"The Urban Boys: Discovery of the Five Senses" by K.N. Smith
This is about as contemporary Young Adult as it gets. Smith’s book very nicely encapsulates the standard elements of a group of high school friends who encounter a mystical force which gives them enhanced powers, then have to protect their hometown against a mysterious and malevolent villain. Whilst there is, in fairness, nothing particularly outstanding about Discovery of the Five Senses, it isn’t a bad book, either. The author K.N. Smith, however, seems something of a rough gem of a talent, and is perhaps the standout takeaway. Her general use of language and syntax are more sophisticated than I think this particular book gives her credit for, and I can’t help thinking that with a significant burst of narrative creativity, she is capable of delivering something very good indeed. As for this particular title, it doesn’t really stand out in any notable way beyond this. The usual tropes are there, but the story itself is a little on the light side, and in fact for the most part I wasn’t really sure of the degree – and therefore event the nature – of threat posed by the antagonist. That this seems to be simply a powerful and dark stranger, intent on wreaking violent havoc on a small town, didn’t seem to be enough to me; I would expect there to be more megalomaniac ambitions, particularly when it is revealed how long his campaign has been running for. Whatever, maybe I’m the one who has read too many YA novels. This is clearly intended as the first in a series of books, with surely an ongoing, underlying narrative and backstory, so I expect that Smith will take us much deeper into a fantastical world, with greater set-pieces and bigger threats, which I wasn’t so much feeling with this one.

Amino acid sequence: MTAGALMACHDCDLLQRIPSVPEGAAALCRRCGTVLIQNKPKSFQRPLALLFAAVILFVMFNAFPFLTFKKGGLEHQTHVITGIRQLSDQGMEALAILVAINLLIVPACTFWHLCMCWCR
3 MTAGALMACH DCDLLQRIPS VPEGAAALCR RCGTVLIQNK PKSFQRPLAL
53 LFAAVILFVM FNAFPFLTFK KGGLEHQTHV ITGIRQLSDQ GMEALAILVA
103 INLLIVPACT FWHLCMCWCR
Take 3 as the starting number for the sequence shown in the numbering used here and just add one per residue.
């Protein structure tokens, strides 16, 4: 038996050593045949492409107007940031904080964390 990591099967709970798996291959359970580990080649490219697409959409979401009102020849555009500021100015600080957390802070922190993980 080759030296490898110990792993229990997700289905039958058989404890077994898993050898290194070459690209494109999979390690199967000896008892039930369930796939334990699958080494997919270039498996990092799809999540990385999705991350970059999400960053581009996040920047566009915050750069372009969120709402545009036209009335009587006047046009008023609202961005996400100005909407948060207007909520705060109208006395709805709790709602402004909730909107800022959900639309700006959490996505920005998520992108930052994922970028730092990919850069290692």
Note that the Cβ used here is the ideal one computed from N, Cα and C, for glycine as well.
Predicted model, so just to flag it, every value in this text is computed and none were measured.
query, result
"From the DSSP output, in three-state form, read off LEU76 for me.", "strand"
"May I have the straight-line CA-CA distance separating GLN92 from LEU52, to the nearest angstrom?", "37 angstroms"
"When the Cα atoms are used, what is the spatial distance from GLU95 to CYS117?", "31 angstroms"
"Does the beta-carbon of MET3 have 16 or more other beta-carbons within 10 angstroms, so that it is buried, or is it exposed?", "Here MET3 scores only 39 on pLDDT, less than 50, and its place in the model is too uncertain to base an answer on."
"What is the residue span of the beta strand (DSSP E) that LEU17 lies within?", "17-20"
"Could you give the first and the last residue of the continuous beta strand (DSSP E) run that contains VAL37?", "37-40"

But, as mentioned, Smith herself is one to watch, and I would be interested to see what she gives us next. The book is written well, the diction is good, and there is some very plausible and naturalistic character interaction. The characters themselves are likeably flawed and more realistic than some – which is also testament to the natural ability Smith undoubtedly has for creative writing. This book would perhaps be suited to entry-level YA readers, rather than those more enveloped in the whole genre’s cultural scene. There is some violence, some of it indeed surprising, so it may not be suitable for very young readers, but at the same time older ones may question the depth of the story. Still, if you’re looking for a YA series with promise, from a clearly talented, up and coming author, this is definitely a good bet for you.
In : Book Reviews
Tags: k-n-smith young-adult ya sci-fi fantasy